Littoral zone - light penetrates to the bottom, allowing aquatic plants to grow

Limnetic zone-the open water area where light does not generally penetrate all the way to the bottom

Euphotic zone the layer from the surface down to the depth where light levels become too low for photosynthesis

yMajor threats to our lakes: o An overabundance of nutrients. This leads to algal blooms and excessive plant growth
which ultimately deplete oxygen supplies for fish and some other aquatic life. o An overabundance of sediment. This "runoff" soil can fill lake plants and animals, as well as clog fish gills and smother fish eggs. o Metals and other organic chemicals such as polychlorinated biphenyls (PCBs), contaminating fish and shellfish. ySources of lake pollution: o Agricultural manage sediment, & pesticides and entering a lake. o Runoff from pavement and lawns in urban areas picks up oil, metals, bacteria (including E. coli), nutrients, and transports them through the stor o Septic systems also contribute to lake pollution when they leak into the shallow groundwater. This can also increase the load of nutrients, bacteria (including other organic wastes. Oceans y70% of the earth.s surface yZones: The

The ocean bottom is the benthic zone neritic zone is that part of the pelagic zone that extends from the high tide line to an ocean bottom less than 600 feet deep. Water deeper than 600 feet is called the basis of water depth into the epipelagic, mesopelagic, and bathypelagic zones. These zones roughly correspond to the three other zones divided on the basis of the amount of sunlight th sunlit zone, enough light penetrates to support photosynthesis. Below that lies the very small amounts of light penetrate. Ninety percent of the space in the ocean lies in the which is entirely devoid of light. lakes and destroy habitat for management practices can lead to pollutants like nitrogen, phosphorous, ), storm sewer system. and the water itself (or the water column) is the han oceanic zone, which itself is divided on the pelagic zone. The , they receive. In the zone, where midnight zone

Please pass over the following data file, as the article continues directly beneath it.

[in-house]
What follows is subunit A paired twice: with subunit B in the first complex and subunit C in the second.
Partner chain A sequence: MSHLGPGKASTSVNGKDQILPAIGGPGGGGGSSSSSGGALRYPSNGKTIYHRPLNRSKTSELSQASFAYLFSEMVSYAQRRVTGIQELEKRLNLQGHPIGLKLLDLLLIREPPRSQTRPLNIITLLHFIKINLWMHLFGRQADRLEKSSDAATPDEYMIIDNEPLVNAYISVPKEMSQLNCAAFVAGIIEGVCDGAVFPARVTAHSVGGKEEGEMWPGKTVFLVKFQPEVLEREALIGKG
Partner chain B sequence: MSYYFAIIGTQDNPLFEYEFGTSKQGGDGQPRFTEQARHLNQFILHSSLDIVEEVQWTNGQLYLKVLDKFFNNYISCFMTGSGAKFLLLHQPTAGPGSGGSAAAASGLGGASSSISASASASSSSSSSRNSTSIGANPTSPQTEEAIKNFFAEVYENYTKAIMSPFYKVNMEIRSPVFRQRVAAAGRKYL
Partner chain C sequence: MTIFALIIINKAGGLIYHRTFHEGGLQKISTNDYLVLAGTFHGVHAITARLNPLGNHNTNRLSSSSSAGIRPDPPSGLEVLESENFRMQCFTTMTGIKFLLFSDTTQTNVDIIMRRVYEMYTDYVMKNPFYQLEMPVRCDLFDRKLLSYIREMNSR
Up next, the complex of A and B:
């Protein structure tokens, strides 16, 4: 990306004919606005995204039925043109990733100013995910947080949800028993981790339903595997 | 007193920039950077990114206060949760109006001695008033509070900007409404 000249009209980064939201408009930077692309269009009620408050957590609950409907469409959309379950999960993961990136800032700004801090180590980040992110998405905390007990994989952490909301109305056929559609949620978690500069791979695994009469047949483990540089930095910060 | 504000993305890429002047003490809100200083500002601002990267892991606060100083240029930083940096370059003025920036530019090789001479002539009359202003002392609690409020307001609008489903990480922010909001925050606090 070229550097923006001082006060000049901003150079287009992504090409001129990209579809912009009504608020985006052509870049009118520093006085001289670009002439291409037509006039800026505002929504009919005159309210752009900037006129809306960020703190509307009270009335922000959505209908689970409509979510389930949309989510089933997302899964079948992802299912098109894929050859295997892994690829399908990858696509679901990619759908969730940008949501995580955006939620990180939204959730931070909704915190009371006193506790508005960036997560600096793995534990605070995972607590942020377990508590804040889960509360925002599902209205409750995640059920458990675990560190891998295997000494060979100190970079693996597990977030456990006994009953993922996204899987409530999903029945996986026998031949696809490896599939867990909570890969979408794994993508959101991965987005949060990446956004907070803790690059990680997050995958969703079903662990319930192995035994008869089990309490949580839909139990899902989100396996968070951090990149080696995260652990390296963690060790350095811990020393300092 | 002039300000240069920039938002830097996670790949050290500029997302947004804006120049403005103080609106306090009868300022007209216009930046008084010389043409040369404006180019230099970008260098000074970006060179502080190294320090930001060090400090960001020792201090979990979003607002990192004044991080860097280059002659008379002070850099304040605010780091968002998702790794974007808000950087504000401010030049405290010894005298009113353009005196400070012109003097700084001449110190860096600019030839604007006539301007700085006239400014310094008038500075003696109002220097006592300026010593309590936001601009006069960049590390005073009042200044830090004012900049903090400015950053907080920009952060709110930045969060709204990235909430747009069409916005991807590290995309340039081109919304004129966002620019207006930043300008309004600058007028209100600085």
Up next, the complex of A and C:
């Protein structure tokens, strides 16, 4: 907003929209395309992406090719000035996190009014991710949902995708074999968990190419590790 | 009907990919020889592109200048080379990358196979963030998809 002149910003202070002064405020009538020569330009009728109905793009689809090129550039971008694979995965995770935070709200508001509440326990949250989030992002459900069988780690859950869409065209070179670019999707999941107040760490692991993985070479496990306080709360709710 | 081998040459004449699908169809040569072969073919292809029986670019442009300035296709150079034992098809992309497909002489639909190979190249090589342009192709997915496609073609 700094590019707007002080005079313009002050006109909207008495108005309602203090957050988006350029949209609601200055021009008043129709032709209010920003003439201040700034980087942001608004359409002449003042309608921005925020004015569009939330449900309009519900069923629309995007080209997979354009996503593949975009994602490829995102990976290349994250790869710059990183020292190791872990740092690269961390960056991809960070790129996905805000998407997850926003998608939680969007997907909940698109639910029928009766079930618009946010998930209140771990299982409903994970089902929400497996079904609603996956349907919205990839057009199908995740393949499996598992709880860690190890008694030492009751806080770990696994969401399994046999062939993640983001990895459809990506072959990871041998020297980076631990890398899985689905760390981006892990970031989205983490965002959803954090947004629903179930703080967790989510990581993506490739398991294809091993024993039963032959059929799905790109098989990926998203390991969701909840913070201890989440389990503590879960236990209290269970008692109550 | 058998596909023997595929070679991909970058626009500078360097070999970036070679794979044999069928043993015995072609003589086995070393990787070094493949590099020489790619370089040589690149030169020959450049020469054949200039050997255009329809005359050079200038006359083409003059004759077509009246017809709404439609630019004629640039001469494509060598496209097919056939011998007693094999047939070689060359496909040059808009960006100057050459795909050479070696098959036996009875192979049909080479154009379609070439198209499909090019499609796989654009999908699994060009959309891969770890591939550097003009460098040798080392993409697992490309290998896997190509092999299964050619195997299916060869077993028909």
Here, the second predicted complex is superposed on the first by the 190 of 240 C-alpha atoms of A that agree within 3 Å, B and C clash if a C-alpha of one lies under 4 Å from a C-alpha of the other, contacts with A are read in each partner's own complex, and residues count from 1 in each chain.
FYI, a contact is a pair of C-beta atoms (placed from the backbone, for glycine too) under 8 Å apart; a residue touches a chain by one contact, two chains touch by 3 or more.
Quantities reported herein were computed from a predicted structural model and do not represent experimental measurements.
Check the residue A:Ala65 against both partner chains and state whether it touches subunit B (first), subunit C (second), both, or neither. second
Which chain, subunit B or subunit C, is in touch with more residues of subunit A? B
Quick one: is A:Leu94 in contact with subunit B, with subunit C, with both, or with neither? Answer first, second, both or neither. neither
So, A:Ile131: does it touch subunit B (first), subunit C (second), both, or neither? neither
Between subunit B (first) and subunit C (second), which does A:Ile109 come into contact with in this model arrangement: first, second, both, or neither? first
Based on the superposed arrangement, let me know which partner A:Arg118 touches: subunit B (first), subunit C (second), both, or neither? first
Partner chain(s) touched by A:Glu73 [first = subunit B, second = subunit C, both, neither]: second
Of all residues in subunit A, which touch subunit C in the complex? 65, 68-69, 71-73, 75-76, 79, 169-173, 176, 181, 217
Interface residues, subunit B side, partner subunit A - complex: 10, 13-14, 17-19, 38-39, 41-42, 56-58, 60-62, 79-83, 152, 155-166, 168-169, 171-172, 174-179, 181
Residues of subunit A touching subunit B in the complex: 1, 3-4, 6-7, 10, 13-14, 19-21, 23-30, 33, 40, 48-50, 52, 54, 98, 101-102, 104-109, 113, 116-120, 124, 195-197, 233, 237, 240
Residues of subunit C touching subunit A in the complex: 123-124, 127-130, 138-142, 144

Two important communities found in the neritic province are: yTidal marshes & estuaries o a partially enclosed body of water formed where freshwater from rivers and streams flows into the ocean, mixing with the salty sea watere o among the most productive ecosystems on earth, creating more organic matter each year than comparably-sized areas of forest, grassland, or agricultural land o provide habitat for more than 75% of Americas commercial fish catch, and for 80-90% of the recreational fish catch yCoral reefs o cover less than 1% of the planets surface o the worlds most biologically diverse marine ecosystems o Reef ecosystems are now being rapidly degraded & destroyed worldwide due to: increased sediments in the water trampling by tourists and divers ship groundings, pollution, overfishing fishing with poisons and explosives that destroy coral habitat

Environmental problems facing our oceans:

yWhaling yIncidental take or bycatch o the unintended catch of animals associated with commercial fishing operations, the vast
majority of which is discarded back into the ocean already dead or dying. o Bycatch is pervasive the worlds fisheries. It includes undersized or juvenile fish of targeted species as well as non-target species of fish, turtles, marine mammals, birds, and other wildlife.